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A quick guide to what's on this page

What is lymphoma?

Lymphoma means a cancer of the lymphatic system. There are 2 main types of lymphoma, called Hodgkin lymphoma and Non Hodgkin lymphoma (NHL). If you are looking for information about Hodgkin lymphoma, this is not the right section for you.

Where in the body do you get non Hodgkin lymphoma (NHL)?

Because the lymphatic system runs all through the body, you can get non Hodgkin lymphoma just about anywhere. The most common place for it to be noticed first is in the lymph nodes in the neck. It is quite common to find it in the liver or spleen. But it can occur in other body organs as well.

What happens to your body when you get lymphoma?

If you have lymphoma, some of your white blood cells (lymphocytes) start to divide abnormally. And they do not naturally die off as they usually do. These cells start to divide before they are fully mature. So they can't fight infection as normal white blood cells do. These abnormal lymphocytes start to collect in the lymph nodes or other places such as the bone marrow or spleen. They can then grow into tumours and begin to cause problems within the lymphatic system or the organ in which they are growing.

Non Hodgkin lymphoma in children

Non Hodgkin lymphoma in children is treated a little differently than in adults. Check with your doctor to see which sections of these pages apply to your child.
 

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What is lymphoma?

Lymphoma means a cancer of the lymphatic system. There are 2 main types of lymphoma

  • Hodgkin lymphoma
  • Non Hodgkin lymphoma (NHL)

Hodgkin lymphoma was named after the doctor who first recognised it. It used to be called Hodgkin's disease. The cells of Hodgkin lymphoma have a particular appearance under the microscope. Lymphoma cells that do not look this way are non Hodgkin lymphoma.

It is important for doctors to be able to tell the difference between Hodgkin's and non Hodgkin's cells. They are two different diseases. And although they are very similar in many ways, the treatment for them is not quite the same.

There are many different types of non Hodgkin lymphoma and they can behave in very different ways. Your doctor or specialist nurse will tell you about the type of NHL you have.

Remember that if you are looking for information about Hodgkin lymphoma, this is not the right section for you. This section is only about non Hodgkin lymphoma in adults.

 

Where in the body do you get NHL?

Because the lymphatic system runs all through the body, you can get non Hodgkin lymphoma just about anywhere. The most common place for it to be noticed first is in the lymph nodes in the neck. It is quite common to find it in the liver or spleen. But it can occur in other body organs as well.

For example, NHL can occur in the stomach, small bowel, bones, brain, testicles or skin. Although very uncommon, lymphoma can also affect the eye. There is information about this in the eye cancer section. About 1 person in 3 with NHL has some lymphoma in an organ outside the lymphatic system. It is then called extranodal disease.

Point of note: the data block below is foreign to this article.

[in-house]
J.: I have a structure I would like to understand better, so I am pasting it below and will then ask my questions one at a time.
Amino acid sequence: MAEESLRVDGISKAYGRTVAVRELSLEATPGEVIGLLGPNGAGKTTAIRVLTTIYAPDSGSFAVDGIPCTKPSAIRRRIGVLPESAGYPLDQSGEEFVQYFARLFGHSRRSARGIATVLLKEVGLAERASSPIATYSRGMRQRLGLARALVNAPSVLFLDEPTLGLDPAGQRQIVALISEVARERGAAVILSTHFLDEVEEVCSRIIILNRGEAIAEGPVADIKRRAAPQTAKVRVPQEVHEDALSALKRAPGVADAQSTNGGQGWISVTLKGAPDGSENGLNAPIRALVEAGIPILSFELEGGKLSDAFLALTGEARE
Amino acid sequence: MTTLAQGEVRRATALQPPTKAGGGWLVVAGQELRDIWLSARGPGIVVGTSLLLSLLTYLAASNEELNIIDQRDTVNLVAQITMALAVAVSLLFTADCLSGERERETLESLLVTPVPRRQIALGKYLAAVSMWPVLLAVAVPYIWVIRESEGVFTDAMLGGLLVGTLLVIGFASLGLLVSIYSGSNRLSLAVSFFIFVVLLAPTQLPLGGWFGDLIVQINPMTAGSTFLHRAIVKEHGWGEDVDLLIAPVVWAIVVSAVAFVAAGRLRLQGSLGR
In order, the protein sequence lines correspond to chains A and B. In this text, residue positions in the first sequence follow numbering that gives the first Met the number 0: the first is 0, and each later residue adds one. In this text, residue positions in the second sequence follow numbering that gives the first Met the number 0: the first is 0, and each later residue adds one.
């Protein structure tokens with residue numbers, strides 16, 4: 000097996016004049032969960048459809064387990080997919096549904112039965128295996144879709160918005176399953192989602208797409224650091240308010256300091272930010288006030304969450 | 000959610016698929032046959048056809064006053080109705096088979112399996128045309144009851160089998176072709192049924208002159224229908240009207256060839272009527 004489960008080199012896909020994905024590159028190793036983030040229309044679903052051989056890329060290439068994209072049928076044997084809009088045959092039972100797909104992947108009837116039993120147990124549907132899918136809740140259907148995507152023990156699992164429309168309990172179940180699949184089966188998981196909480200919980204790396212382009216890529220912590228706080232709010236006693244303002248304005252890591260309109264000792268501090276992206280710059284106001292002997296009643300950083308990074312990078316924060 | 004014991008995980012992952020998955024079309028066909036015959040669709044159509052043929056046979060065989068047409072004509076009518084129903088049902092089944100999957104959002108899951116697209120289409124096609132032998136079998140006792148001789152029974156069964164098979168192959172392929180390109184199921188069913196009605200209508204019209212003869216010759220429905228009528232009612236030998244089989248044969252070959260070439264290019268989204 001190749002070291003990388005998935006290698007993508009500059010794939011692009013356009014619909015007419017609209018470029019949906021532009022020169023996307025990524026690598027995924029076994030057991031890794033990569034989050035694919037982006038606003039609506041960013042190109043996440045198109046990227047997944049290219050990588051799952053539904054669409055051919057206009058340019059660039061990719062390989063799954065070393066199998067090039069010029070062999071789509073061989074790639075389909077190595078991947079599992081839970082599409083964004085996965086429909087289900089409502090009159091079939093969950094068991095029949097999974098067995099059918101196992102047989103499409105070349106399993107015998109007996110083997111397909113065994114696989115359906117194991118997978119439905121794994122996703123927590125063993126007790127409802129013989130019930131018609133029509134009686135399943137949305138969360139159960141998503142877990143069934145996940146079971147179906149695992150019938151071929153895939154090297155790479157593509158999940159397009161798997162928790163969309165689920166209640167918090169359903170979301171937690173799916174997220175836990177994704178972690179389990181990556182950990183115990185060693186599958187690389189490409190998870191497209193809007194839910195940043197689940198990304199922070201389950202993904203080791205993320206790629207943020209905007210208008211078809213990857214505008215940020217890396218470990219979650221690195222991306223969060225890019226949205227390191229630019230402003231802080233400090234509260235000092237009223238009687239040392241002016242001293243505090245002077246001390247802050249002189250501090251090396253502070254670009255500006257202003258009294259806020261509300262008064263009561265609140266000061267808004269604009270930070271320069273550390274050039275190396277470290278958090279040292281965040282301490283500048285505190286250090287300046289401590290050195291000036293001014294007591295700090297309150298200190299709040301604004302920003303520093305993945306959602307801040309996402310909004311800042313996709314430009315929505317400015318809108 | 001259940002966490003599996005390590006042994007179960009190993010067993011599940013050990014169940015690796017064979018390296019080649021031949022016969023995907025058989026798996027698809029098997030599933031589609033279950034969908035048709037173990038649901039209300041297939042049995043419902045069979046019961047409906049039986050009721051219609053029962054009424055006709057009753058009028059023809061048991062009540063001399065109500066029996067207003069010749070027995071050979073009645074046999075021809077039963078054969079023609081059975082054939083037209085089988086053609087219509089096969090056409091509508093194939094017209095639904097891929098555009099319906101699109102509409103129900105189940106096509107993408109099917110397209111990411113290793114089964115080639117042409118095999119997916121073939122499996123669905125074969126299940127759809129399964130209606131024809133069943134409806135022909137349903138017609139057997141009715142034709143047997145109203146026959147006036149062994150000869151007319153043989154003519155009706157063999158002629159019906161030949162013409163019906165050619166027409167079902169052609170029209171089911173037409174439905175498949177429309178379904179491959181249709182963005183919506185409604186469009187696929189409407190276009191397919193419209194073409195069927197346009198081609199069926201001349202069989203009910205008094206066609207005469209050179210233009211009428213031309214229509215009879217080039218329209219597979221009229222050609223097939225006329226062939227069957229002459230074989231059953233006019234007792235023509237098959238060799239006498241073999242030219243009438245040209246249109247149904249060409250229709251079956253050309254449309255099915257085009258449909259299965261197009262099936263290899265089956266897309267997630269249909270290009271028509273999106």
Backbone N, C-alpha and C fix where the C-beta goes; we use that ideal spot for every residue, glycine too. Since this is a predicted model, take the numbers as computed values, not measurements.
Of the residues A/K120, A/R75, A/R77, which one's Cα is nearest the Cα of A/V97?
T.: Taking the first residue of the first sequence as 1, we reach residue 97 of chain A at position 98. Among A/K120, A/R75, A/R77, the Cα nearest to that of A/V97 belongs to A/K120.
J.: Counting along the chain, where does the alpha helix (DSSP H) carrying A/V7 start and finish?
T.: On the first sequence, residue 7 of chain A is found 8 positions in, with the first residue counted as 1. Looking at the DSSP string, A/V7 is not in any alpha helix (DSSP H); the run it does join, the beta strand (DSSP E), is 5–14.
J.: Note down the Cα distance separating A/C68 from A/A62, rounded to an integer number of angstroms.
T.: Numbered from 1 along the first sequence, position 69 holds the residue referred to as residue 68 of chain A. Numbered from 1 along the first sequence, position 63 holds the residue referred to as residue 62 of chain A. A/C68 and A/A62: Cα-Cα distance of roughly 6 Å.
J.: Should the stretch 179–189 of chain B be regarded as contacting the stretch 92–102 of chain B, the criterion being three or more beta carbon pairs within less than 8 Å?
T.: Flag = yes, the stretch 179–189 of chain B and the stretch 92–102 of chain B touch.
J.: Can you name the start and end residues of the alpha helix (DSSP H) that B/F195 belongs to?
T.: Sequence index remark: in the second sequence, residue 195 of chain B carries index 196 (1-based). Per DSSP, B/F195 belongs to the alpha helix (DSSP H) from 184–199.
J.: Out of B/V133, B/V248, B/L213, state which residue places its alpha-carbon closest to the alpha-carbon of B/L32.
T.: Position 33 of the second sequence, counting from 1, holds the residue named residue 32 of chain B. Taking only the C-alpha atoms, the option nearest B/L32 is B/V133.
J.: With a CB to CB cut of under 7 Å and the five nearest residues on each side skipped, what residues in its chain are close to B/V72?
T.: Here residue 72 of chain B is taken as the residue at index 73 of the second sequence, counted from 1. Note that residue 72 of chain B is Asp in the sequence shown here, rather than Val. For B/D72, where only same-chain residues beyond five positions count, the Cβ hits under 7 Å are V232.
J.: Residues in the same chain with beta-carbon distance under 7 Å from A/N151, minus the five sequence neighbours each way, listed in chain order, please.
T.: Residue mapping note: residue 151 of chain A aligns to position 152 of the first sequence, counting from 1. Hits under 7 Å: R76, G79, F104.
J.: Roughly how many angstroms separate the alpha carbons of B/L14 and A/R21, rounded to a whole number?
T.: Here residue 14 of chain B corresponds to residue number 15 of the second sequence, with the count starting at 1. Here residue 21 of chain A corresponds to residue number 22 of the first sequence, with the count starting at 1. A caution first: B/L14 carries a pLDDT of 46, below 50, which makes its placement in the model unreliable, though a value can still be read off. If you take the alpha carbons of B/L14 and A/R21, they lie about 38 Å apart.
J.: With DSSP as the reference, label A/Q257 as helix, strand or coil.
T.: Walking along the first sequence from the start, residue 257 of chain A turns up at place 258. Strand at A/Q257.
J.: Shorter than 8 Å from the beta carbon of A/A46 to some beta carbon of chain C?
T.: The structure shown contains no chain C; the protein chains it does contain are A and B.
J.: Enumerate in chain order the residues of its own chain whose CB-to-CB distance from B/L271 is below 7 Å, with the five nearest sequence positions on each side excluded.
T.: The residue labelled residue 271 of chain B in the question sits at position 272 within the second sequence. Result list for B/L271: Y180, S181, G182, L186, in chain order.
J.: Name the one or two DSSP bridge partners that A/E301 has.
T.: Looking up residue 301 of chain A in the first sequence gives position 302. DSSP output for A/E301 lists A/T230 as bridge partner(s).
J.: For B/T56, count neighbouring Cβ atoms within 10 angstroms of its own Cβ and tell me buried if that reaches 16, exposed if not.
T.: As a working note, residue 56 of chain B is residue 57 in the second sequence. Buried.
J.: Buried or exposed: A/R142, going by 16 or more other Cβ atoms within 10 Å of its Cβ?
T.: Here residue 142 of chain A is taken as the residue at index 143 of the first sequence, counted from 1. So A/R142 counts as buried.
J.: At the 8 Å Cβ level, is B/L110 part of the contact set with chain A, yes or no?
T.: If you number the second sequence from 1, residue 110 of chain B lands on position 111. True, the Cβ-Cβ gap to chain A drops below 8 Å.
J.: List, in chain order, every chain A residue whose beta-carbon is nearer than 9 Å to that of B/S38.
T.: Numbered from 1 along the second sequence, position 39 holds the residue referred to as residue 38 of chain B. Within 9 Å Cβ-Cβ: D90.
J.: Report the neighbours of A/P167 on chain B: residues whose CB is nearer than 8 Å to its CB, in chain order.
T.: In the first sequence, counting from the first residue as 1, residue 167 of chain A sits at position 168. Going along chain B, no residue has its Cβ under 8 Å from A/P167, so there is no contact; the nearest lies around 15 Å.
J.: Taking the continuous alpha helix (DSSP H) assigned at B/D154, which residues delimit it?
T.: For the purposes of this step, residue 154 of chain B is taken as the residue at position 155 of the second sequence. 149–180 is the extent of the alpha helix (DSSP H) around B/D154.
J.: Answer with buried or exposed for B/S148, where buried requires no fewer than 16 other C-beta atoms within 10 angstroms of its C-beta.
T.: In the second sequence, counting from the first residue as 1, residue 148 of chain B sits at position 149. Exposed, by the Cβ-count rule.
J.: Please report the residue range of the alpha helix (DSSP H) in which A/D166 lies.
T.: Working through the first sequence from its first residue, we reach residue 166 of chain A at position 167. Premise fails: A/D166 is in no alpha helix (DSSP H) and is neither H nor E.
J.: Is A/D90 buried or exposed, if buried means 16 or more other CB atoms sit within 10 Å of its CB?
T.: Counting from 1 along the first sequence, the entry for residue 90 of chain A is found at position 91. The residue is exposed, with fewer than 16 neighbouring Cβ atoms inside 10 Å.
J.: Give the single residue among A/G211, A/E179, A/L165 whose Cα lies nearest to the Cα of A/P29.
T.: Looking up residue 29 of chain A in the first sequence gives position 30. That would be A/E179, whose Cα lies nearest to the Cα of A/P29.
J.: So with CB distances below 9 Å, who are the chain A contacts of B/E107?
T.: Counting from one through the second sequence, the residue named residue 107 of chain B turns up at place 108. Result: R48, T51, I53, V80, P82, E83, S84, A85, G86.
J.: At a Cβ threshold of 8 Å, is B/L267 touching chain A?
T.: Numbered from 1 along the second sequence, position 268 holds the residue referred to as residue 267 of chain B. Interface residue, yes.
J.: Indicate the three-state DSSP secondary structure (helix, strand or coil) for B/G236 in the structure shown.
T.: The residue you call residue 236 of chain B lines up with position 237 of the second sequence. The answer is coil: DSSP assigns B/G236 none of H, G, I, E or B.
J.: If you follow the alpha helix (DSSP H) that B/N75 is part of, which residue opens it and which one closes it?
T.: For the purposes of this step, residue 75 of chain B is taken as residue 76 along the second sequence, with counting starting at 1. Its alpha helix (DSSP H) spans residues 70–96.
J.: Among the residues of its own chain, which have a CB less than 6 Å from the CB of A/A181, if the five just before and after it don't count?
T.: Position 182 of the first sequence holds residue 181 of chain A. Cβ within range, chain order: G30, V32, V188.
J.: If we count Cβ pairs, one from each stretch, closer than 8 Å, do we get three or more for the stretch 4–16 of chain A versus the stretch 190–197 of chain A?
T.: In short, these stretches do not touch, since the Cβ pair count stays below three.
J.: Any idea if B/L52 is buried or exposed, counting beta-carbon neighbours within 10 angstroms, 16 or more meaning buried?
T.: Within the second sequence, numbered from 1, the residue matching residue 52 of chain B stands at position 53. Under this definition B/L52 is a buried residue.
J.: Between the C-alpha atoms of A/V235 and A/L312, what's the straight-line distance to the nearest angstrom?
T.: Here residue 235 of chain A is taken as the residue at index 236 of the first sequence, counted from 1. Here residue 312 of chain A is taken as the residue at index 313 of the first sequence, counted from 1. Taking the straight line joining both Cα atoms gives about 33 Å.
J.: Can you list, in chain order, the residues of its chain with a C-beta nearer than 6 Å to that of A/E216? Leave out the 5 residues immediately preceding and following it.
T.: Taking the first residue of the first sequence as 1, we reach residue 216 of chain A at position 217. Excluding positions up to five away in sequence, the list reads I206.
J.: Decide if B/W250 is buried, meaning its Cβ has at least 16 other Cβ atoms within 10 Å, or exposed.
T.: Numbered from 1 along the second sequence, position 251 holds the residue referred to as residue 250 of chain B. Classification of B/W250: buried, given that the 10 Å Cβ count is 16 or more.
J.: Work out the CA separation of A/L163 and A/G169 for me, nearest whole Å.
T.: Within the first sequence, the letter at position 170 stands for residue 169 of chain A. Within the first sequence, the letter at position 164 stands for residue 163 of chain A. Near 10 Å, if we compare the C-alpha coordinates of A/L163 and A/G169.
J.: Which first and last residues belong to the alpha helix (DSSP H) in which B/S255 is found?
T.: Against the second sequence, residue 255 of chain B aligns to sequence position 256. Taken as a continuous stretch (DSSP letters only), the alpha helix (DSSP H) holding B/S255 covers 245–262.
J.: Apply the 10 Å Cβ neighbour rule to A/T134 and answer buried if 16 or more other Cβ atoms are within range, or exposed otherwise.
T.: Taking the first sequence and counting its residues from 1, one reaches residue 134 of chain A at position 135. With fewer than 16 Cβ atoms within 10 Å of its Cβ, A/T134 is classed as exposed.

Diagram showing where lymphoma can spread to in the body

Remember that most types of cancer can spread to the lymph nodes. But this is not lymphoma. For example, the lymph nodes in the armpits are a common place for breast cancer to spread. If breast cancer spreads to the lymph nodes, this does not mean that the person now has lymphoma. The cancer cells that have spread to the lymph nodes are still breast cancer cells, and are treated as breast cancer.

 

How lymphoma affects the body

If you have lymphoma, some of your white blood cells (lymphocytes) divide abnormally. They do not have any resting time like normal cells and start to divide continuously, so too many are produced. And they do not naturally die off as they usually do.

The big problem is that these cells start to divide before they are fully mature. So they can't fight infection as normal white blood cells do. All the abnormal lymphocytes start to collect in the lymph nodes or other places such as the bone marrow or spleen. They can then grow into tumours and begin to cause problems within the lymphatic system or the organ in which they are growing. For example, if a lymphoma starts in the thyroid gland it can affect the normal production of thyroid hormones.

 

B cell and T cell NHL

There are many different types of non Hodgkin lymphoma. They can be classified in several different ways. One way is by the type of cell affected. Non Hodgkin lymphoma affects certain white blood cells called lymphocytes. Two types of lymphocyte can be affected – B cells and T cells. So, you can have a B cell lymphoma or a T cell lymphoma. Most people with NHL have B cell lymphomas. T cell lymphomas are more common in teenagers and young adults. Look at the page called types of non Hodgkin lymphoma for more information about the different types.

 

Non Hodgkin lymphoma in children

Non Hodgkin lymphoma in children is not treated quite the same as in adults. So while some of the information here will be useful, you need to be careful. Check the information with your doctor to find out which sections apply to you and your child.

 

Help and support with NHL

If you would like more information about any aspect of non Hodgkin lymphoma, contact our cancer information nurses. They will be happy to help. 

Or you can contact one of the cancer information organisations on the NHL organisations list. They often have free factsheets and information which they can send to you. There are also books and booklets available about non Hodgkin lymphoma. Some of these are also free. Look at the NHL reading list.

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Updated: 15 October 2012